Brian MacNeel, Crime Prevention Practitioner, Florida Crime Prevention Training Institute, was the guest speaker at the August monthly membership meeting of the Sun City Center Men’s Club. Mr. MacNeel spoke about identity theft, fraud and scams, purse snatching, carjacking and other crimes and how citizens can L to R: David Floyd, President, SCC be aware of these misdeeds and Men’s Club; Brian McNeel, Crime how everyone can help to cut Prevention Task Force of Florida; down on the number of criminal George Bodmer, VP of Programs activities in their community. SCC Men’s Club. Membership in the SCC Men’s Club is open to residents of Sun City Center and Kings Point. For information call Jon Lehr at 813.260.3058.

Bulletin continued on page 6.

Dr. Michael A. Scannon M.D. Is back In Sun City Center!

Organ Keyboard Club Offering Free Lessons

Attention new Organ and Keyboard Club members! We’re having a sale in October. Free music lessons including sheet music! No reservations necessary, and no instrument needed. This is a group lesson for both beginners and advanced students. Bring a pencil to take notes on your music. We meet every Thursday in the Armstrong Room. Gather at 9 a.m. Lesson from 9:30 to 11. All SCC and Kings Point residents welcome. Not for existing members. New members only. For more information, contact Club President Barb Carlini at 813.633.2022.

T-Shirt Quilt for Officer Merry

Hillsborough County Sheriff’s Office Deputy Jeff Merry is an avid marathon runner. On many occasions his whole family joins him. He finds it an enjoyable way to stay fit. With each marathon, there is a t-shirt, and he has accrued quite a collection. He made a request to have his t-shirts made into a quilt. Because he had so many, he limited them to his Disney Marathon T-shirts. The members of the Sun City Center Sew’n Sews were happy to oblige. It became quite a group effort, first admiring the variety of races he has run at both Disney World and Disneyland. The knit t-shirts had to be stabilized, and then cut precisely to keep all the logos. The next step was to arrange all the various configurations and then sew them into a cohesive unit. This was followed by adding batting and a backing. Nan Ryan, who spearheaded the group, found backing fabric with runners on it. Once this was put together, Nan Fishpaw agreed to quilt it on her long-arm machine. This was then returned for the final step of putting the binding on. The members enjoyed working on this quilt for such a valued member of our community and wished him many years of enjoyment with the quilt.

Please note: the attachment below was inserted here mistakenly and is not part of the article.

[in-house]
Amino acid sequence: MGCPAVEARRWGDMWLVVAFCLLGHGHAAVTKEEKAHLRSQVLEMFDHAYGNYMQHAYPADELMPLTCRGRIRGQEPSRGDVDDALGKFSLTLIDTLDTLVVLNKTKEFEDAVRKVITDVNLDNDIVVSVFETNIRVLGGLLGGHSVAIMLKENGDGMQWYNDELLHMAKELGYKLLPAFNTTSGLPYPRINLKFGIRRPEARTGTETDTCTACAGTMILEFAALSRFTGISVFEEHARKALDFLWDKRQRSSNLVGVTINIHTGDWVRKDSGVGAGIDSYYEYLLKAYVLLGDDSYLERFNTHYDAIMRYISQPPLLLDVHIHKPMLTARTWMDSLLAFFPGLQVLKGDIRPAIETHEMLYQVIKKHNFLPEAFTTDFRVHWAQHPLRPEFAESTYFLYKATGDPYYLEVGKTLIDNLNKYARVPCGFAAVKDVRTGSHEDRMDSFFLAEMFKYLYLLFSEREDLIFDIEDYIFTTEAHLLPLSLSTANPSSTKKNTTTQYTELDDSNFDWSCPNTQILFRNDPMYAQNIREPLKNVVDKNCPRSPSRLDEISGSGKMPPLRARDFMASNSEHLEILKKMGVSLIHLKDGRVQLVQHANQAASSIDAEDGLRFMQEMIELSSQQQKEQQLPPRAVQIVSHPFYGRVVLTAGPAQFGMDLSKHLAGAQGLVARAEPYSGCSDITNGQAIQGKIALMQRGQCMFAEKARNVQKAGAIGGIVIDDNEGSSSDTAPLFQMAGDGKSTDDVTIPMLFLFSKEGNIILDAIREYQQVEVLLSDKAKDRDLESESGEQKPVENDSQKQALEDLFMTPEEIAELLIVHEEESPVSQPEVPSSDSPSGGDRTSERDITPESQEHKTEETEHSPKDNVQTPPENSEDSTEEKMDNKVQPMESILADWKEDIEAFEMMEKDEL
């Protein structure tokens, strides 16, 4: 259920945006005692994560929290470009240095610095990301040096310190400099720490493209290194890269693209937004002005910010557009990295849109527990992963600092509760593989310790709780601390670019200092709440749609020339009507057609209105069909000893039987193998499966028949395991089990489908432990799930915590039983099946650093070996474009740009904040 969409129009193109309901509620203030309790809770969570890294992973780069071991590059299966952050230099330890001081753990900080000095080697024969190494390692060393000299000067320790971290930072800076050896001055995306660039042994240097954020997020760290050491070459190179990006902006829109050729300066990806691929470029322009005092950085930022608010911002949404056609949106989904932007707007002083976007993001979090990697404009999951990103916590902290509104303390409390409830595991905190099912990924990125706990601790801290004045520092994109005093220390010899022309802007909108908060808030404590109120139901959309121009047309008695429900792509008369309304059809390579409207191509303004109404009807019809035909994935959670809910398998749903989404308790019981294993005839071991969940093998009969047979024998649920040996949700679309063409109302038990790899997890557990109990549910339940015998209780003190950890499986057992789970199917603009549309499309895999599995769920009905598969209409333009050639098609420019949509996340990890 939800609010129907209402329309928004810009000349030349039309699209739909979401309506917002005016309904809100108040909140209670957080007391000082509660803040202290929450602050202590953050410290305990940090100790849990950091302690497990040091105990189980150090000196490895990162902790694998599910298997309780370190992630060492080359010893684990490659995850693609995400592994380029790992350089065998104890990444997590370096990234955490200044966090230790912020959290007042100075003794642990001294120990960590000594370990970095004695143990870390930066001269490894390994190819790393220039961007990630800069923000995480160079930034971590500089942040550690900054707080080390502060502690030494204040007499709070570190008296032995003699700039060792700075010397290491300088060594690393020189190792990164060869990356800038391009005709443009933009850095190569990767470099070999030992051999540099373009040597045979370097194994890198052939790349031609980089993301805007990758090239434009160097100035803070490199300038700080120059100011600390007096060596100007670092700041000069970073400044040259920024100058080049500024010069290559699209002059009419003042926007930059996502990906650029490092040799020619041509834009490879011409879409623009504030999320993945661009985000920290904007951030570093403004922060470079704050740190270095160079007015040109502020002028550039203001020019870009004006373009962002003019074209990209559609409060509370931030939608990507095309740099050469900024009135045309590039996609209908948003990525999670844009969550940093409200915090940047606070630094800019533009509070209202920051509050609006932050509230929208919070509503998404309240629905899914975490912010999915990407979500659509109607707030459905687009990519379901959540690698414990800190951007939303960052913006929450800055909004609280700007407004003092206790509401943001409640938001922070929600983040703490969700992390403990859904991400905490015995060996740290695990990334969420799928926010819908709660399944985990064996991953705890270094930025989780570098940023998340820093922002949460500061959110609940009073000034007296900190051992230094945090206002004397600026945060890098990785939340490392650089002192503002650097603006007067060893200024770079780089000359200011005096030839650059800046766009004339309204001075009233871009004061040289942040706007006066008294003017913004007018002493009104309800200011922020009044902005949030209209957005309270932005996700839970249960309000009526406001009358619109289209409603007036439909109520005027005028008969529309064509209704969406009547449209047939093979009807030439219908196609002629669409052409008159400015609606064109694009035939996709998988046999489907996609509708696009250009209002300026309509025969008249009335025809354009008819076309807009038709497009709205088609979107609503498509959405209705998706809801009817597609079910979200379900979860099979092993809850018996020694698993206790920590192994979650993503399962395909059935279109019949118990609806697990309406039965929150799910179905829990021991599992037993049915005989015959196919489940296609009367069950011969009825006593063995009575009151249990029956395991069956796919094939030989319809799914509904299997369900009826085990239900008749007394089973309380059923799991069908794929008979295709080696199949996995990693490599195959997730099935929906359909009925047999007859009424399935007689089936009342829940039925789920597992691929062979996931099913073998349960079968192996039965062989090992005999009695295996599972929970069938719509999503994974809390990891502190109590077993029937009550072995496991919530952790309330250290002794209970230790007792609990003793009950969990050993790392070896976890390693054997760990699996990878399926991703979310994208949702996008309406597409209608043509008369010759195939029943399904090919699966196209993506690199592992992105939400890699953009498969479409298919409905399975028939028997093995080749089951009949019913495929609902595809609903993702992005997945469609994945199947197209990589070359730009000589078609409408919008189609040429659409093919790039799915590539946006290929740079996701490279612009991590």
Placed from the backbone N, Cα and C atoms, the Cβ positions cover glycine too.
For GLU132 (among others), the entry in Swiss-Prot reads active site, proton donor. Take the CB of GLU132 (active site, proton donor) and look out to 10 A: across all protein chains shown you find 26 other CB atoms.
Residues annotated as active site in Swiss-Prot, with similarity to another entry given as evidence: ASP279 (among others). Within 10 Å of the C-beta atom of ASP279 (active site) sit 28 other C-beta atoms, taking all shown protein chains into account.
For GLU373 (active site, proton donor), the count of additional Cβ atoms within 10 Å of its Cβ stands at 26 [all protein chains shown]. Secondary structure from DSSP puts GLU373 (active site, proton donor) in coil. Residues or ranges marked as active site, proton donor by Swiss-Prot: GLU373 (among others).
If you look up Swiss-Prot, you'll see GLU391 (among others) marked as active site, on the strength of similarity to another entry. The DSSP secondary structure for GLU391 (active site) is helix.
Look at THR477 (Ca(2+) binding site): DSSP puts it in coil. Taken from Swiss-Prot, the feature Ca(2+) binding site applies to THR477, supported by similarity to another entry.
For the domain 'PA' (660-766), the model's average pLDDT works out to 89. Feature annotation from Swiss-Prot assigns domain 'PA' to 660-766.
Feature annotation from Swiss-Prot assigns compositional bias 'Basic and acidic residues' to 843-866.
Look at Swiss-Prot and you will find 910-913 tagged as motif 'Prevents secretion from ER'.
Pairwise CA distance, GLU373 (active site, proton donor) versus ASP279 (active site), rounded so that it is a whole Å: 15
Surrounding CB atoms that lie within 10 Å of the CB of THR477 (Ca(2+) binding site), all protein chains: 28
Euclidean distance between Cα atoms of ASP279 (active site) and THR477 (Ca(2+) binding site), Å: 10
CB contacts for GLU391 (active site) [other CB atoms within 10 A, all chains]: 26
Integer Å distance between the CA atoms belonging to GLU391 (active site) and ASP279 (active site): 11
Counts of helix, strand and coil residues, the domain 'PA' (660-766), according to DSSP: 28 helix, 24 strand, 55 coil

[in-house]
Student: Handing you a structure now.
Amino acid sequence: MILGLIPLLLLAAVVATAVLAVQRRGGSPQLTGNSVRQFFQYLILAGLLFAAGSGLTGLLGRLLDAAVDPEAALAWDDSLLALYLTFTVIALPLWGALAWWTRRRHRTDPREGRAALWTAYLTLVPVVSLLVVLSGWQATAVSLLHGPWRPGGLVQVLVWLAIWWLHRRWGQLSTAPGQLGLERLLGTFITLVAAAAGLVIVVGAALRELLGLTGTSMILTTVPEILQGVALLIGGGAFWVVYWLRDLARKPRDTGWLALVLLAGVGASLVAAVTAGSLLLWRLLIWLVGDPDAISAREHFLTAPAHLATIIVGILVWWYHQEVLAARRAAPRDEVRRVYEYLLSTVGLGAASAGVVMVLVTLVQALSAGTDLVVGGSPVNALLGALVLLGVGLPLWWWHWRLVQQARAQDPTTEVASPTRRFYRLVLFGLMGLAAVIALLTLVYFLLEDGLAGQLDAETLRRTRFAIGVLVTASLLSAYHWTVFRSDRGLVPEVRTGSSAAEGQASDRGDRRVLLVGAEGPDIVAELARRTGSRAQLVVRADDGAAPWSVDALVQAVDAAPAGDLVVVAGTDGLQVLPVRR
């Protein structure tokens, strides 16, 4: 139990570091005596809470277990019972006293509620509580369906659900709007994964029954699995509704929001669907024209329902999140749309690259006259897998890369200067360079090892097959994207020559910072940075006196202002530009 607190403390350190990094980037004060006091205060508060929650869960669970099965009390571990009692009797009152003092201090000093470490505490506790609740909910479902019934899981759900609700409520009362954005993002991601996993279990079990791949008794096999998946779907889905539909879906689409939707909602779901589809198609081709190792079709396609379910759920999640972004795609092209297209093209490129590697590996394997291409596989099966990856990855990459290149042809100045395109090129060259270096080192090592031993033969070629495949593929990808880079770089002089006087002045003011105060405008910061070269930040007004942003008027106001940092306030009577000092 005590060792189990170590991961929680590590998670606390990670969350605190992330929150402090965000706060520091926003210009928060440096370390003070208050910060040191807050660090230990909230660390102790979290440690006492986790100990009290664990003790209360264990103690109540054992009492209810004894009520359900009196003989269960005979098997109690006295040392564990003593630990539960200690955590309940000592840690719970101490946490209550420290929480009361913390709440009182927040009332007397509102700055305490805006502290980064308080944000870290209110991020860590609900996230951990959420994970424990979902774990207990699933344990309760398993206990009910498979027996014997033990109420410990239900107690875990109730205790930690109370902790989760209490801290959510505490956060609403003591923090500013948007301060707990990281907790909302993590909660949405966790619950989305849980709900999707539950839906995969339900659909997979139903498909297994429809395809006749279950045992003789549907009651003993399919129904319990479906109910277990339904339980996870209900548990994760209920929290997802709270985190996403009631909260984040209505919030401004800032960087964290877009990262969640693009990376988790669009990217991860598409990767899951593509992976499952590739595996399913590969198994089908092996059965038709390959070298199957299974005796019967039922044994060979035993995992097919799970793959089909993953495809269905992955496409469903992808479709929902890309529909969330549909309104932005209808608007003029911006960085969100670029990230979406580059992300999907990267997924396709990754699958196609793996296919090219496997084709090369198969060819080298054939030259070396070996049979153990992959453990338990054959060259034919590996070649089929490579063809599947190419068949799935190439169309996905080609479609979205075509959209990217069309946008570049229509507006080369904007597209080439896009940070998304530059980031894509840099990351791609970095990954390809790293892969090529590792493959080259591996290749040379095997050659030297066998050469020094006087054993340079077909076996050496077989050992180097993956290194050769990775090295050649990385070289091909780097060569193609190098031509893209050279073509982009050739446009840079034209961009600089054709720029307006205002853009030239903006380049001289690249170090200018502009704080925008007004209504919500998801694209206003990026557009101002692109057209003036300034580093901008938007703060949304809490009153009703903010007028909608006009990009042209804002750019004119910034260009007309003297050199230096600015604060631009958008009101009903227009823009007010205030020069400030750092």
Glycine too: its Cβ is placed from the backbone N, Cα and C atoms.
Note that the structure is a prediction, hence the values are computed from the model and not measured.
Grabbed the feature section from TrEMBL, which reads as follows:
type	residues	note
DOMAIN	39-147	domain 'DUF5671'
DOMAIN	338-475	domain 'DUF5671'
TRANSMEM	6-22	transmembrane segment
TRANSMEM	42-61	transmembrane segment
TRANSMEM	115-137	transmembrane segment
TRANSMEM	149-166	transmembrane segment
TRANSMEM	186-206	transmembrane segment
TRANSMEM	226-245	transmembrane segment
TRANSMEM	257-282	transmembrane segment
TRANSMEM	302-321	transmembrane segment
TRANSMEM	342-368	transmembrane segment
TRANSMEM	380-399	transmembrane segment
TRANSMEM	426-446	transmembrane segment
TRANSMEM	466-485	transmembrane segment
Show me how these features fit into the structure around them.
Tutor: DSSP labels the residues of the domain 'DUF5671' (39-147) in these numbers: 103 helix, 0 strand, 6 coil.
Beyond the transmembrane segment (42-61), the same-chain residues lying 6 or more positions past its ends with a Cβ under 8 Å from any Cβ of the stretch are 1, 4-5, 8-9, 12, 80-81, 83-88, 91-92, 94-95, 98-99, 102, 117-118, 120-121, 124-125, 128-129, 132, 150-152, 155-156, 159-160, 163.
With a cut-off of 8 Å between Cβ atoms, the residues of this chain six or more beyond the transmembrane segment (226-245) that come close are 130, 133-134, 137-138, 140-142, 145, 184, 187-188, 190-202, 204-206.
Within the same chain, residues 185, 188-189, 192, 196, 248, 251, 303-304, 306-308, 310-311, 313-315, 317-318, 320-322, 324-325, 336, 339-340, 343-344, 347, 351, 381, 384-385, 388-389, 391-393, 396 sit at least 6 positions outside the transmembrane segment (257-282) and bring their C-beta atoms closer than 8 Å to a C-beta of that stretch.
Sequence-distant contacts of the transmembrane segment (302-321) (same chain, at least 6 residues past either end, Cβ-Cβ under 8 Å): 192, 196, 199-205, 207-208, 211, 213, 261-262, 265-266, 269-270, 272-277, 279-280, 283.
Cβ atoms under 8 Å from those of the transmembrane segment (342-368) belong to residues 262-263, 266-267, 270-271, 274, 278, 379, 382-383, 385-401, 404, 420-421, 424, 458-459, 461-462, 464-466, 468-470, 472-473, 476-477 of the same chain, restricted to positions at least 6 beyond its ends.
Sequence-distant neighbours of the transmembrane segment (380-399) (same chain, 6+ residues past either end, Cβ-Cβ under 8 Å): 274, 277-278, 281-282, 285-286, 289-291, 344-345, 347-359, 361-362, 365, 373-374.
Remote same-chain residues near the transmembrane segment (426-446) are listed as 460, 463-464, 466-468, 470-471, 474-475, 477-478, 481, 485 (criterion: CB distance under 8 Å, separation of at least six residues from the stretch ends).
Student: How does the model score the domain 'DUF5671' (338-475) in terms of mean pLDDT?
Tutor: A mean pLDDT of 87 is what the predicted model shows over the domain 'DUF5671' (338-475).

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October 2019


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October 2019

The News

Scandinavian Club First Fall Meeting

Bulletin continued from page 4.

Feline Folks Yard Sale

Feline Folks is hosting a fund-raising yard sale on October 18 and 19 from 8 to 12 noon at 1305 New Bedford in Sun City Center. Donations will be accepted on October 17 from 3 to 6 p.m. at 1305 New Bedford Avenue in Sun City Center. All proceeds go to the care and feeding of the community cats. More info “Info@”.

Duplicate Bridge Celebrates Marshall Kerlin

The Duplicate Bridge Association of Sun City Center is celebrating its resident member, Marshall Kerlin, for the amazing feat of attaining ten thousand Master Points from the American Contract Bridge League. It takes many years and hundreds of wins to accumulate ten thousand points! It took Marshall about forty years. The DBASCC is a welcoming club of almost five hundred bridge players. All manner of information is available on the club’s website: Marshall Kerlin (left) and bridge partner Doug Atkins.

Wisconsin Club Tailgate Party

Hey, Wisconsin Club of SCC, it’s time to party hearty! Join us on Thursday, November 14 at Community Hall beginning at 5 p.m. for the Welcome Back/Tailgate Party. GB Packer and Wisconsin Badger attire encouraged. No charge for club members of record October 1. If you are not on our membership list as of October 1, you will be charged $5 per person, same for guests of members. No assigned or reserved seating; first come, first served. RSVP. Club members of record may call or email their RSVP to Bev Hetzel at “” or at 309.236.2900. Non-members or guests of members mail your checks made out to The Wisconsin Club of SCC to Bev at 1010 Chelsea Greens Court, SCC, FL 33573. Cutoff date for all RSVPs is November 1, 2019. Traditional tailgate fare of brats, hot dogs, baked beans, potato salad, sauerkraut, and ice cream for dessert. BYOB and we’ll provide everything else you need. We can’t wait to welcome you back and have some good ‘ole Wisconsin tailgate fun with games and other surprises. Don’t delay and reserve today!